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Quick Hit
by Ellyn Fortino
12:41pm
Thu Sep 10

Minority, Low-Income Students Impacted The Most By College Debt, Report Shows

As the new school year gets underway, here are some troubling facts about student debt: minority and low-income students are borrowing at higher rates to attend college, and they're more likely to become indebted dropouts than their white and wealthier peers.

That's according to a recent report on college student borrowing by race and income from Demos, a progressive public policy organization. The research comes as the issues of college affordability and student debt emerge as hot campaign topics in the 2016 presidential race.

"While college is commonly regarded as a key tool to move up the economic ladder, we have created a system based almost entirely on acquiring debt to get ahead, with no regard to how it would impact different communities," report author and Demos senior policy analyst Mark Huelsman said in a statement. "This system is essentially pushing students of color and low-income students even farther down the ladder, adding an additional level of risk that previous generations did not take on when paying for college, and saddling them with additional disadvantages as they enter the workforce."

PI Original
by Ellyn Fortino
12:04pm
Thu Sep 10

New Overtime Proposal Could Have Big Impact On Single Mothers, Women Of Color

A recent analysis shows 3.2 million women would become newly eligible for time-and-a-half pay under the Obama administration's new overtime proposal. Women of color and single mothers would be impacted the most by the proposed overtime policy, according to the research. 

Quick Hit
by Ellyn Fortino
6:04pm
Wed Sep 9

Federal Deferred Action Programs Could Boost IL Economy By $14 Billion Over Decade

As President Barack Obama's immigration orders remain on hold while the issue works its way through the courts, a recent analysis by the Center for American Progress (CAP) shows that the pending immigration directives could help grow Illinois' economy by an estimated $14 billion over 10 years.

Signed in November, Obama's executive orders on immigration seek to expand the Deferred Action for Childhood Arrivals (DACA) initiative and create a new Deferred Action for Parental Accountability (DAPA) program.

The two new immigration programs are being challenged in court by a group of 26 mostly Republican-run states. A federal judge in Texas issued a temporary injunction as part of that case in February that blocked Obama's immigration directives from taking effect until the issue is resolved in court. The Obama administration, which was unsuccessful in getting an emergency stay of that February injunction, is currently appealing the Texas judge's decision.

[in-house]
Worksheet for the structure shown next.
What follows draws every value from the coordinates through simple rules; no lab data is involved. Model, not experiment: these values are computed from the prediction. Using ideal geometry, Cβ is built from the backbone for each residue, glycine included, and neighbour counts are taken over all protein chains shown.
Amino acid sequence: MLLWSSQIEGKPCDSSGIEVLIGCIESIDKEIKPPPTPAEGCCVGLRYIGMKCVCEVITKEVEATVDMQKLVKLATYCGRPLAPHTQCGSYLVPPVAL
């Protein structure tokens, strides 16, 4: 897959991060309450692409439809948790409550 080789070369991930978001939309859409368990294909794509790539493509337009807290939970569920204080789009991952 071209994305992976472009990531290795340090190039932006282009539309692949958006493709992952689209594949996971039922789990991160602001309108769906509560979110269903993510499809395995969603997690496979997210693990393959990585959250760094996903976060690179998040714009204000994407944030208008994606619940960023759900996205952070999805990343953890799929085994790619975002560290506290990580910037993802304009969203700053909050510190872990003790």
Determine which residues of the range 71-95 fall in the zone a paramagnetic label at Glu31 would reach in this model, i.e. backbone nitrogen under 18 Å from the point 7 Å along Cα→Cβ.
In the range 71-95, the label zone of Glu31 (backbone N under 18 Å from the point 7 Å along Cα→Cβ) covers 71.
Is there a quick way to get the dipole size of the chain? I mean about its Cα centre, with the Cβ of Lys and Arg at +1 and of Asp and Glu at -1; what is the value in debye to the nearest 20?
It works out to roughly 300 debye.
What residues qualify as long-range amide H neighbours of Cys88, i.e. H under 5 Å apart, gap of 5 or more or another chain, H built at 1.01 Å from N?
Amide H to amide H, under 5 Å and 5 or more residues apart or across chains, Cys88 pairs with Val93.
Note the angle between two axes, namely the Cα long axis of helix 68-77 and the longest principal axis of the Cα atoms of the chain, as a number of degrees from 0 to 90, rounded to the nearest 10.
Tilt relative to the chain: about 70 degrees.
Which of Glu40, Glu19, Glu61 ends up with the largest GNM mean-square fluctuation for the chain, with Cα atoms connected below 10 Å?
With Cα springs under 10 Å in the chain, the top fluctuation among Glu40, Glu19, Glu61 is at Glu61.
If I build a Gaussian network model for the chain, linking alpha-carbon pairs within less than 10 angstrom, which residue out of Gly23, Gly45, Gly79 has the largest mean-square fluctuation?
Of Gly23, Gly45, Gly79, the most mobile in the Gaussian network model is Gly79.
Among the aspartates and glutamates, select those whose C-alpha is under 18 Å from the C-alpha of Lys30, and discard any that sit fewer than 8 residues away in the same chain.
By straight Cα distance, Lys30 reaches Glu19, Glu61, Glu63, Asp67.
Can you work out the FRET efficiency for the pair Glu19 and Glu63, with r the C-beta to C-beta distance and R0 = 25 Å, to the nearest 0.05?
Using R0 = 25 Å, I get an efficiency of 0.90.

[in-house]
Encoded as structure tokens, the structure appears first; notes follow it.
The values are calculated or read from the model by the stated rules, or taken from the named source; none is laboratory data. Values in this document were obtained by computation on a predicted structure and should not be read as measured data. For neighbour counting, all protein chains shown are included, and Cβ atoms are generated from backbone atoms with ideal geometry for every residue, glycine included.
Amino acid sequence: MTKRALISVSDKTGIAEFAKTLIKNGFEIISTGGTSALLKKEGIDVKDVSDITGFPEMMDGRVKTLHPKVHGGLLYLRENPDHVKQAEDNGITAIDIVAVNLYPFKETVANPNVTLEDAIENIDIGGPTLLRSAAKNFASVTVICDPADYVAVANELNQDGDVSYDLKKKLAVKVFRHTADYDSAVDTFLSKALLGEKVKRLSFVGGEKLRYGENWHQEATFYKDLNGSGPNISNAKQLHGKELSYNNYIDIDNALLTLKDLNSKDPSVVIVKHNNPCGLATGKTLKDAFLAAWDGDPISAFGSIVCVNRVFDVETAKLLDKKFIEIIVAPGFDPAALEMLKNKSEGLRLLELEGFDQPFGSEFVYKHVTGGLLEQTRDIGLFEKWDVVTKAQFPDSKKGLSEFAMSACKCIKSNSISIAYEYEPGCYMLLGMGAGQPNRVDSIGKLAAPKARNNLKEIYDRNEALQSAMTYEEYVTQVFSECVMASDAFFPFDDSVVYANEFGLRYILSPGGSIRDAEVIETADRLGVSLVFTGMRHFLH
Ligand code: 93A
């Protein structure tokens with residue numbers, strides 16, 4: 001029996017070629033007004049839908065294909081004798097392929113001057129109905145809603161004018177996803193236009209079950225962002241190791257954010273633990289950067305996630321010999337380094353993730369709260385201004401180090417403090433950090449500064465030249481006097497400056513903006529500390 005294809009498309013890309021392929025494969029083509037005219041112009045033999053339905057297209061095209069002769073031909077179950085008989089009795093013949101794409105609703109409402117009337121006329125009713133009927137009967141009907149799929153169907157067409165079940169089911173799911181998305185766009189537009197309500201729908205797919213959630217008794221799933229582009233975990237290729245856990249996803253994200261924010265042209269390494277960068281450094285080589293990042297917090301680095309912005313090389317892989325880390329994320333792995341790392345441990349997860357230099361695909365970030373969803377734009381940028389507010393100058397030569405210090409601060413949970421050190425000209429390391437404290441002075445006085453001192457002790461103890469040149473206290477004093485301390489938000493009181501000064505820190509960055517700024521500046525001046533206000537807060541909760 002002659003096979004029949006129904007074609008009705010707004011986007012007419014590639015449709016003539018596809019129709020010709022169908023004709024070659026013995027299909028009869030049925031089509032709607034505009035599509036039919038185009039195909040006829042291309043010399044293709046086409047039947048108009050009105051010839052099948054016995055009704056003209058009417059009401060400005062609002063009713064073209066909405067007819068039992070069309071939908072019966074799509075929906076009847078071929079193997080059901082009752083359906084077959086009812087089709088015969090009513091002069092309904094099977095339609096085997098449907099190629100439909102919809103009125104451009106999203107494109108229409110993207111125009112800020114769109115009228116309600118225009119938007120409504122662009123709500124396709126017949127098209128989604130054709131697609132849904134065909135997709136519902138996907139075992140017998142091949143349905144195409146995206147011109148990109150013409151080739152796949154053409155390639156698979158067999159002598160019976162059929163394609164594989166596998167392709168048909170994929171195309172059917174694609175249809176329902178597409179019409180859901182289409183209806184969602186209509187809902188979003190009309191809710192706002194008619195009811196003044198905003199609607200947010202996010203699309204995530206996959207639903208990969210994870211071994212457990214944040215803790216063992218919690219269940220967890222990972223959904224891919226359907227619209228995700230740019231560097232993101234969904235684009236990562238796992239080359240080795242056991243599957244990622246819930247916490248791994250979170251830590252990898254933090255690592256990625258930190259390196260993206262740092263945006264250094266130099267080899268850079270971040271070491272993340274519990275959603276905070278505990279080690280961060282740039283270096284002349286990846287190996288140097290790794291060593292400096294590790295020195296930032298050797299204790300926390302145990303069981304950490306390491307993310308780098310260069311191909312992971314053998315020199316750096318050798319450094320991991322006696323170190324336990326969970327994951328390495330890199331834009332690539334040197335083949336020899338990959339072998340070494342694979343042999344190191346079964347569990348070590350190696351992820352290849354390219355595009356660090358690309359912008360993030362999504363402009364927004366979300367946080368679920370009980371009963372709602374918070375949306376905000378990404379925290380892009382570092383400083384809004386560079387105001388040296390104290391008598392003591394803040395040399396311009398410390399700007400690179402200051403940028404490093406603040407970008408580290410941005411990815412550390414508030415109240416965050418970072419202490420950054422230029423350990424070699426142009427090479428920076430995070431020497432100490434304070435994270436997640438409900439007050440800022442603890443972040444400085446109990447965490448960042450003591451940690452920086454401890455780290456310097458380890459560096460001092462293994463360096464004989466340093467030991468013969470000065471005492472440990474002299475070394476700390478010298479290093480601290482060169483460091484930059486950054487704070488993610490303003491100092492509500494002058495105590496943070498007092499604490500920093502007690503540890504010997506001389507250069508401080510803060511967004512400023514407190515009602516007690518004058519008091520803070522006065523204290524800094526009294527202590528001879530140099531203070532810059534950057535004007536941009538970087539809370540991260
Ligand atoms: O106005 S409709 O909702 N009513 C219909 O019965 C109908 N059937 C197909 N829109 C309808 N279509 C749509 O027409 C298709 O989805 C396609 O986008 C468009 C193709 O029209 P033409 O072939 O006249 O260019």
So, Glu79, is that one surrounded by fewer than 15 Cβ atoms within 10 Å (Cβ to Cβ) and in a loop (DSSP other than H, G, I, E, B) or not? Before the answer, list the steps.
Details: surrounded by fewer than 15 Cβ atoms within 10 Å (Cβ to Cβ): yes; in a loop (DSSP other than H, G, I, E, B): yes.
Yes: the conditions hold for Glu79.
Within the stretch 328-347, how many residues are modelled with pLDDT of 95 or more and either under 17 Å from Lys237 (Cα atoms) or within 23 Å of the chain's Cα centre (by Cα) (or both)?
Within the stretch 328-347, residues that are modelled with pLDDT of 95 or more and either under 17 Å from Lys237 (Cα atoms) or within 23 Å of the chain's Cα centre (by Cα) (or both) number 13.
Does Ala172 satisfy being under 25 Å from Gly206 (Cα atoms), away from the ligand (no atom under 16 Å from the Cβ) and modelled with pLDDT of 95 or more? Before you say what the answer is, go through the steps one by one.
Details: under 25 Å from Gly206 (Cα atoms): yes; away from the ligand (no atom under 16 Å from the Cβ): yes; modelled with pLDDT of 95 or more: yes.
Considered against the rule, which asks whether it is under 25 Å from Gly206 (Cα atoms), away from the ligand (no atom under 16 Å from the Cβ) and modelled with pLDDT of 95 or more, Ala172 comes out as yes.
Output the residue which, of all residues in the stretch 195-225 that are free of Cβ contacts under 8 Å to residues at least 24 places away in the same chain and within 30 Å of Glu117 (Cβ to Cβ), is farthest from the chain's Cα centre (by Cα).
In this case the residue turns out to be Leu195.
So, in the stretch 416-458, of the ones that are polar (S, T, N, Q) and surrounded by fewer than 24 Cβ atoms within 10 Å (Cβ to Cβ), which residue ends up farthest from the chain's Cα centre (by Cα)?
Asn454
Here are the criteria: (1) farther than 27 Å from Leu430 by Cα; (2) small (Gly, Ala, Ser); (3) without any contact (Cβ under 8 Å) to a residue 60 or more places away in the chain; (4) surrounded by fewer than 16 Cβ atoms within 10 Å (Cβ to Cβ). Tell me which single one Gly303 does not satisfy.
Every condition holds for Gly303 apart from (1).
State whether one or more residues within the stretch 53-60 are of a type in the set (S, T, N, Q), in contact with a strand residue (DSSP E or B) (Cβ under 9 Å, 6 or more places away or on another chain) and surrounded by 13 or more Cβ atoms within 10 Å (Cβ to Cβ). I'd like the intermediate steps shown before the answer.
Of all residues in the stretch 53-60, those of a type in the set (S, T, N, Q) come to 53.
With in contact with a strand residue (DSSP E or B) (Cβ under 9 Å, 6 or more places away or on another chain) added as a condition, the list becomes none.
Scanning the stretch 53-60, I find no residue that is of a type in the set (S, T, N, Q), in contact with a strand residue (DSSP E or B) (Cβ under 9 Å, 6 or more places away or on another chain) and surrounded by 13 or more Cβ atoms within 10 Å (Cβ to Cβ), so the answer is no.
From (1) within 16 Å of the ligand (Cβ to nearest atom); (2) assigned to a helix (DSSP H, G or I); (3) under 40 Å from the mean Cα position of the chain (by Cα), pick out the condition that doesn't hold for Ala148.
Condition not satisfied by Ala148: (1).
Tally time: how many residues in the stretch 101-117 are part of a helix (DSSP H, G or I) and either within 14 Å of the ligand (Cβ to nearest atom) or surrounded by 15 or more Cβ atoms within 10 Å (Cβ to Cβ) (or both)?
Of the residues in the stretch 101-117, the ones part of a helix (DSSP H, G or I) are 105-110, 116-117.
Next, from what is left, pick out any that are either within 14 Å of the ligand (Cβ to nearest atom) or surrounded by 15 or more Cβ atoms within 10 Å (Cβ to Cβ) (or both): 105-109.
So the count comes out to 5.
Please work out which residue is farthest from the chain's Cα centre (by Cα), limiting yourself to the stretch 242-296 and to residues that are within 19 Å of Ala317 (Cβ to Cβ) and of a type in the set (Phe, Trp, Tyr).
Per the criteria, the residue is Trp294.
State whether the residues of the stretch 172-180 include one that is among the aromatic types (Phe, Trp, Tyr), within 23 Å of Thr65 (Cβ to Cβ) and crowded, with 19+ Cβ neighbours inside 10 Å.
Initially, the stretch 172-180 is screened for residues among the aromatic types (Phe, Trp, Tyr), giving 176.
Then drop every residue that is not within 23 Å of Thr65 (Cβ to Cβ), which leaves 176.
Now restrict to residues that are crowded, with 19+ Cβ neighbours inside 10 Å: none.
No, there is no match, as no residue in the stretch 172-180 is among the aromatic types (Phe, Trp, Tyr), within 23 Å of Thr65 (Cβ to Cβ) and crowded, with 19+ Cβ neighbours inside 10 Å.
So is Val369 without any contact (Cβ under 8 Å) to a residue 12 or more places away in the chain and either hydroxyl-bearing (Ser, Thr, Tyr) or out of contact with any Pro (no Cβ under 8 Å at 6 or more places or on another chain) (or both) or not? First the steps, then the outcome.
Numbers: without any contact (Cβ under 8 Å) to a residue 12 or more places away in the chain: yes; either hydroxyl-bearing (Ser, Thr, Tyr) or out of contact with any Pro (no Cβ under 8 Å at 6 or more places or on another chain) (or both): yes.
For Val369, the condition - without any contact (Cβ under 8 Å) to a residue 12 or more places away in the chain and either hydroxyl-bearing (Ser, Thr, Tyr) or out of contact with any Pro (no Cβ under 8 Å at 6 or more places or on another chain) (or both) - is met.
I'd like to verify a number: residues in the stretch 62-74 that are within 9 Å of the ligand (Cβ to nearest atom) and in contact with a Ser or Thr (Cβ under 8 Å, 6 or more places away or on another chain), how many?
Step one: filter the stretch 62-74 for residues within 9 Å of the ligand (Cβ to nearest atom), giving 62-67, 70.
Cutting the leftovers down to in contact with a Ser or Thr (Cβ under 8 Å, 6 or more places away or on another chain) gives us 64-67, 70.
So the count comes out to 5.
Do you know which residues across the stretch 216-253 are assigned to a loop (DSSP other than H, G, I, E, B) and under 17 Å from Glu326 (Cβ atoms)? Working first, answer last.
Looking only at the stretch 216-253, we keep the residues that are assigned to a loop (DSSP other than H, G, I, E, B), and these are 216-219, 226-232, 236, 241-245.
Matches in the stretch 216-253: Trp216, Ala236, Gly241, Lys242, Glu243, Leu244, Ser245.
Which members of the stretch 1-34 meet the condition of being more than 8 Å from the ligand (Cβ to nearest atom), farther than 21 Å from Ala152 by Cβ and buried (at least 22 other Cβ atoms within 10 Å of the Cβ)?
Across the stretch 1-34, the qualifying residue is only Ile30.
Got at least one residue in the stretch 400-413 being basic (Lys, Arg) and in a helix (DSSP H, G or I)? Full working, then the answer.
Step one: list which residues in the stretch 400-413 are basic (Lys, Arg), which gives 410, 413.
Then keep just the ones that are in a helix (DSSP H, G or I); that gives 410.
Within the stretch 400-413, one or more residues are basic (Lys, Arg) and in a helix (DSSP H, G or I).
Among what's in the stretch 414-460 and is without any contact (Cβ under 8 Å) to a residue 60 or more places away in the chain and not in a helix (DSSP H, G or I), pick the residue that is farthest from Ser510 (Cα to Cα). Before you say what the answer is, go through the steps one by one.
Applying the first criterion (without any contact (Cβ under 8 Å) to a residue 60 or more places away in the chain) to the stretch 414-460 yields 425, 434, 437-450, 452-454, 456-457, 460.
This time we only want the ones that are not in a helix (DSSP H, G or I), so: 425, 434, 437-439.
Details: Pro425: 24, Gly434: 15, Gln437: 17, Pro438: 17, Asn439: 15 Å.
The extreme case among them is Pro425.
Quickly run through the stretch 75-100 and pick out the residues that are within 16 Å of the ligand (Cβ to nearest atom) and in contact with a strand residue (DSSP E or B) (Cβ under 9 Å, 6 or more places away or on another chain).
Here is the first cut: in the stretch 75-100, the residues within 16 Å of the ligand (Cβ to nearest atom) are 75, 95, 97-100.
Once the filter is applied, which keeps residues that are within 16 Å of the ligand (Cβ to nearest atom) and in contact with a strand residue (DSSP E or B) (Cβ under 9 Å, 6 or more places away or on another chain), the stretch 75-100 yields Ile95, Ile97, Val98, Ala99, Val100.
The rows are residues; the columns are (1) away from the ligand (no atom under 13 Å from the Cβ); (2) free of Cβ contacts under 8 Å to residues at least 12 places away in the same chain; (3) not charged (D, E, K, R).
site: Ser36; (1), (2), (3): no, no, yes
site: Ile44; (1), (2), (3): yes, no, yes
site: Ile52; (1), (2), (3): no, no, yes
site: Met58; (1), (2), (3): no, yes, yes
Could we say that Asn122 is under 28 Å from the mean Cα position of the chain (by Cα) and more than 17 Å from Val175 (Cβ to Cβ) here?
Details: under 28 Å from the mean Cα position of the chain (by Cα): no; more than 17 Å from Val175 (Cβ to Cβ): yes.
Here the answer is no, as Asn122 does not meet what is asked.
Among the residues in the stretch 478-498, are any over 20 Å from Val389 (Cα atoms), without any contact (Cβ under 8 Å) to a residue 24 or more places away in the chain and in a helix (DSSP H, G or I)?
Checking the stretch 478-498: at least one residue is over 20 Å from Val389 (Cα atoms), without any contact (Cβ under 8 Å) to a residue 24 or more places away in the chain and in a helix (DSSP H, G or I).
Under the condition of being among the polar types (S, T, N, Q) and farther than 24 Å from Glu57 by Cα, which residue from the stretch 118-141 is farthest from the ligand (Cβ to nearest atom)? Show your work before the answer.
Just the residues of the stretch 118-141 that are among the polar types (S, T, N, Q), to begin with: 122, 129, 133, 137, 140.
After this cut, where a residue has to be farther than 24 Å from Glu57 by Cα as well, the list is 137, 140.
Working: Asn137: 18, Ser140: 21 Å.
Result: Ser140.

Quick Hit
by Ellyn Fortino
11:51am
Wed Sep 9

New Accounting Rule Requires Cities, States To Disclose Tax Break Costs

Government reporting on tax-based economic development subsidies will become more transparent under a new policy from the Governmental Accounting Standards Board (GASB).

That's the organization that sets accounting and financial reporting standards for U.S. states and localities.

Under GASB's "tax abatement disclosures" rule released in mid-August, state and local governments will have to disclose how much revenue they lose as part of income, property and sales tax breaks, including those designed for economic development purposes.

GASB said its new rule, the first of its kind, will make it easier to determine the impacts of tax abatement programs on a government's fiscal condition and ability to raise revenue.

"This new guidance will result in people who use governmental financial statements having access to essential information about the tax abatements governments enter into," said GASB Chair David Vaudt. "Not only will this mean that they'll have access to information that will allow them to better assess a government's financial health, but it will also make the impact of these agreements much more apparent."

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